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Friday, December 4, 2020

Fun: Techniques

Because there was what I choose to interpret as "interest" expressed in my previous post, but mainly because I love to talk about myself, I'm going to take a couple minutes to talk through my methods for my shitty school portraits.

It started when I realized that you could fake the "spot light on the backdrop" effect by using a very light backdrop and burning down around the edges. (Yes, the "halo" effect is cheesy, but it is part of the look, and it does serve a graphical purpose.) Also, I did a few "school pictures" for other kids with my 300mm lens, so I could be far away from them. This meant I could get away with a very small backdrop, not much bigger than the child's head. It is literally this thing:

The round things under it are a scrim made from a hula hoop and a sheet, and a barrel thing I have that serves as a seat.

Since I was using a much shorter lens for my kids, not having any 30 foot long straight shots inside my house, I set this shitty backdrop up to Just Barely frame the kid's head. Same barrel, same sawhorse/support for the backdrop. The backdrop is out of focus, some, but basically reads as white with smudges of blue and green watercolor paint. Because that's what it is.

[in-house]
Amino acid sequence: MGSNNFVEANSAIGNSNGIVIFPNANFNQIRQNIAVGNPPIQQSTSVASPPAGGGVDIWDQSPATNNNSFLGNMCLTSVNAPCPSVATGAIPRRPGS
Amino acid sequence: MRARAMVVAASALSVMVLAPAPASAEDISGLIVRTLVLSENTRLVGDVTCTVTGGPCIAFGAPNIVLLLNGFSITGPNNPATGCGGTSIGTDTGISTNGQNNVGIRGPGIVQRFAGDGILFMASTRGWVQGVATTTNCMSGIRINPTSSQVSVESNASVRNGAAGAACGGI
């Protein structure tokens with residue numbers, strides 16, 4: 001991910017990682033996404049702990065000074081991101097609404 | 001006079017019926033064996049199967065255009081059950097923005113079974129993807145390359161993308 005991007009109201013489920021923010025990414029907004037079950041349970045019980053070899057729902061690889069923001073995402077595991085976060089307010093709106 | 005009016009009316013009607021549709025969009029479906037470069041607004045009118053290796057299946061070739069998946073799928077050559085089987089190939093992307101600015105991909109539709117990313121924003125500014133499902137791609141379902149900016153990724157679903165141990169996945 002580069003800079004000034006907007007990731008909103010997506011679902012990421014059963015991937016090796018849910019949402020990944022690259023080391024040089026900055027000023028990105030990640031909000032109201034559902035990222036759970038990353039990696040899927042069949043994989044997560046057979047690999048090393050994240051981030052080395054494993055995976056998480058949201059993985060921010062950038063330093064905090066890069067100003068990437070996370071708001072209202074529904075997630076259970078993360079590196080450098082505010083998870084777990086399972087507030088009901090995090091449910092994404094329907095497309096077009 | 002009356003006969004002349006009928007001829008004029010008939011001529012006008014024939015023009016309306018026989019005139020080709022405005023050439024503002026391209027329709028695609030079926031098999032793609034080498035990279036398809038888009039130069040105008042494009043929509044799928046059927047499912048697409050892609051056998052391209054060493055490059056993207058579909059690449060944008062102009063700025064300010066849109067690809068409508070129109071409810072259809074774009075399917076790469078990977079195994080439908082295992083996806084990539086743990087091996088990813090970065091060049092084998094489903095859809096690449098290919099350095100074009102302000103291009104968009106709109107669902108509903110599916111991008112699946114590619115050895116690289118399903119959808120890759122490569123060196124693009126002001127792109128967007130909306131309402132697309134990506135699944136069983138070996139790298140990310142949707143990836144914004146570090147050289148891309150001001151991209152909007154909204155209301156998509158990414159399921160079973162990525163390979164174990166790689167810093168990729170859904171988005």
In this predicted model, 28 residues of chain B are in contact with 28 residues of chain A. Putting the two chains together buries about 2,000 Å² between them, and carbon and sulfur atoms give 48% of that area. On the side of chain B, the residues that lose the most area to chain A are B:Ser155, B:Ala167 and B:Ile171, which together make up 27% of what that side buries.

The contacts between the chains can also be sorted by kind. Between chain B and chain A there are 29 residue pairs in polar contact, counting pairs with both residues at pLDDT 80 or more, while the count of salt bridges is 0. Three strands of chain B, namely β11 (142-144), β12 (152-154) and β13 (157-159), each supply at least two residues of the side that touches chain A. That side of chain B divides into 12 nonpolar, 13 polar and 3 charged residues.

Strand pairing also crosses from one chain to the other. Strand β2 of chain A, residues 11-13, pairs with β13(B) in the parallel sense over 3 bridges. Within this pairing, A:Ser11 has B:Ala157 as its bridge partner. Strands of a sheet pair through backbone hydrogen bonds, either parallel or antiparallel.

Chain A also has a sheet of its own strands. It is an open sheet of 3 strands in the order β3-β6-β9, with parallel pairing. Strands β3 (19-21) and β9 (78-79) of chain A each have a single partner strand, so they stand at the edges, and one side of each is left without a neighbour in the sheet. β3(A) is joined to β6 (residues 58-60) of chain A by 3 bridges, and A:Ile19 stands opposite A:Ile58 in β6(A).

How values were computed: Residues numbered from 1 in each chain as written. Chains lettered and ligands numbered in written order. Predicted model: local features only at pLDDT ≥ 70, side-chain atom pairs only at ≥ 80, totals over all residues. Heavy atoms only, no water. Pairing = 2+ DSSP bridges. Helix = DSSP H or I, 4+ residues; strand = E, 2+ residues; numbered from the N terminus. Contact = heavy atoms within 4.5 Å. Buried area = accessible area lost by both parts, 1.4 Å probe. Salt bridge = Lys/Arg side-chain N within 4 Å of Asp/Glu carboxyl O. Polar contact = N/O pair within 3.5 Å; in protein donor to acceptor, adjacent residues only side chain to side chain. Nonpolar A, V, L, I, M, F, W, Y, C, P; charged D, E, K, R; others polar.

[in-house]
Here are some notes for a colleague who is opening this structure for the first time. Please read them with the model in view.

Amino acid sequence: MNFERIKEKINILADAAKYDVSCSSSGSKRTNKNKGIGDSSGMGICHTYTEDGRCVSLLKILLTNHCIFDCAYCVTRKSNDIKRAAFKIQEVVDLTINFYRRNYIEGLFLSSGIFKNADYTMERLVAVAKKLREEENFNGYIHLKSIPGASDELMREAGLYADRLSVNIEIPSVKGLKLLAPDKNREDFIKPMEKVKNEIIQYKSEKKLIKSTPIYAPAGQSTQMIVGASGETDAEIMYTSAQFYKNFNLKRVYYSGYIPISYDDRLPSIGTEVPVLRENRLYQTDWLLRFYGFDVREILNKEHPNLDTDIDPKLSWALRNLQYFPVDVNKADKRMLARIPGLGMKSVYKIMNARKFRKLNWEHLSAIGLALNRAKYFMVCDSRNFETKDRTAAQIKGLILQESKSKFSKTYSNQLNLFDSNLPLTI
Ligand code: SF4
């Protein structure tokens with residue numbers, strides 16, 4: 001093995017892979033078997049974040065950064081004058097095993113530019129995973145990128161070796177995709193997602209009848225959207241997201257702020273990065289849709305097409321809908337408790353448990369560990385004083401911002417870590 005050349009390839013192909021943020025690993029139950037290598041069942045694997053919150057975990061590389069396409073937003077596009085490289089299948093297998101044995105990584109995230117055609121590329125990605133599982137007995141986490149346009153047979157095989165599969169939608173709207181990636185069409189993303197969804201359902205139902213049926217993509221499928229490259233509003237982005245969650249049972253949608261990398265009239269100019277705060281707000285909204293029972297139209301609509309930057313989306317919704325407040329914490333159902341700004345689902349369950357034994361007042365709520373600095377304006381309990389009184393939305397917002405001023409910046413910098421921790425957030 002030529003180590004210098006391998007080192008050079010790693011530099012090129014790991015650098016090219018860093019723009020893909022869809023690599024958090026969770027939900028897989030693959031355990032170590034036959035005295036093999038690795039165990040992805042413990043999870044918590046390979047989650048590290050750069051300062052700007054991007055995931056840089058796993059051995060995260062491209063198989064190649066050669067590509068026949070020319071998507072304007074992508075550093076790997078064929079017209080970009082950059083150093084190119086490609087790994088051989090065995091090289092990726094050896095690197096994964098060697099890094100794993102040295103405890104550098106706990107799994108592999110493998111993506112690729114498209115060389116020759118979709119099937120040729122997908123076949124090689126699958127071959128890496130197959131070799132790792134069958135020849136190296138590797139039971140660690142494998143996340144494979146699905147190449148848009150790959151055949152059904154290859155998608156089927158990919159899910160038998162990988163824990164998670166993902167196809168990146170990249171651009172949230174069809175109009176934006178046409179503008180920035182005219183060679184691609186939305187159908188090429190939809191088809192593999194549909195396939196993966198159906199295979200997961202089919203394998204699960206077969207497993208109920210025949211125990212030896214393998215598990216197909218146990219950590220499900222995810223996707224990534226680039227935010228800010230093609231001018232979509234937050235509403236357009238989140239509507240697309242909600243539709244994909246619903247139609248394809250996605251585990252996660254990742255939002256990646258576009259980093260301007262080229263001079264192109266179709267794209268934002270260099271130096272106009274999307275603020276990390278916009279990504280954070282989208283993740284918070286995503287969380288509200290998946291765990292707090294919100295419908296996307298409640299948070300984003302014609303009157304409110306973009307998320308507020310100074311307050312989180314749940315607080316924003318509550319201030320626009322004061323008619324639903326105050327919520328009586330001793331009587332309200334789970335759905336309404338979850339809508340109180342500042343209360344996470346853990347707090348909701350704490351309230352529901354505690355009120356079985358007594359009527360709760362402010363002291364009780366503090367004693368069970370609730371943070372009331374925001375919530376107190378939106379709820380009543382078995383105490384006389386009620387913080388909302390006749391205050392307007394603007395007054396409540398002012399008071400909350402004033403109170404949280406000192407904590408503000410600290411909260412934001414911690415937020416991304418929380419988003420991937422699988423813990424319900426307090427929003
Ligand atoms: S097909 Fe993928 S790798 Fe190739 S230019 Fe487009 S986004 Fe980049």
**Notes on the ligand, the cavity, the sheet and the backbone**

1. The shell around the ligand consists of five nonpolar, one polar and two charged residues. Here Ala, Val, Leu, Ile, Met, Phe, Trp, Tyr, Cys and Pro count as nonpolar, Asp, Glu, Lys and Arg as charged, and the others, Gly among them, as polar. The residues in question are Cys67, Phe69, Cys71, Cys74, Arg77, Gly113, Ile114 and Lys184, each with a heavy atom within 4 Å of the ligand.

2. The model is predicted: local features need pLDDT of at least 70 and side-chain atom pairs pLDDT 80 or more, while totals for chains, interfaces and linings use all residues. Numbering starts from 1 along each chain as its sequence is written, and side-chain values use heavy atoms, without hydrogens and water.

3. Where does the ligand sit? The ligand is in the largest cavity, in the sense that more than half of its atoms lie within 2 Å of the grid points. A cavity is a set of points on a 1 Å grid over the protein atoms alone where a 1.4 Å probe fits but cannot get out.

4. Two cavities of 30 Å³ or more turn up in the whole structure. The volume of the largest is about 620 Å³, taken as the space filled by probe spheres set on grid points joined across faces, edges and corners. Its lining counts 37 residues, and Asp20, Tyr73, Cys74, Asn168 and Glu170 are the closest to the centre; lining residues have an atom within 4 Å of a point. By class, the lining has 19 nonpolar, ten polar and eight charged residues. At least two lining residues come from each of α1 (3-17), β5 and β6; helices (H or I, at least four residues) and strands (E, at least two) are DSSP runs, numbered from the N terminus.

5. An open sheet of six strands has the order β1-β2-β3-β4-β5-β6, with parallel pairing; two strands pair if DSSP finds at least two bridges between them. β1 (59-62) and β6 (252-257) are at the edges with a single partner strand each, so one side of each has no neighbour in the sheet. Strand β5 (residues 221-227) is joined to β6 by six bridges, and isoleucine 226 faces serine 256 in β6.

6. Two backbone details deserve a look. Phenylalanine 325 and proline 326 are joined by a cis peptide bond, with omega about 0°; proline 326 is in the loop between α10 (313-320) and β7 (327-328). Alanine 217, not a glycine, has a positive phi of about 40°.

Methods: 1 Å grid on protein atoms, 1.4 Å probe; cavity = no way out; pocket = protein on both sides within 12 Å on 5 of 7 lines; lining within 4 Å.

So I also have a somewhat underexposed full frame shot of the same backdrop. Pop that in as a separate layer, adjust color temp/balance to turn the white to greenish/bluish per taste. Then mask and blend the backdrop barely framing the child's face into the other layer of Just Backdrop. Burn the edges down a bit, done and done.

I can't speak for anyone else's kids, but the key with mine is to get them in a good mood, and make the whole shoot last about a minute. So set up in advance, get focus close, then go fetch the kid. Fine tune focus and start shooting/directing, a few seconds later the kid gets to leave. Reward them with candy as necessary. It's basically the same as teaching a dog to sit, a subject about which I also know almost nothing (just ask my dog.)

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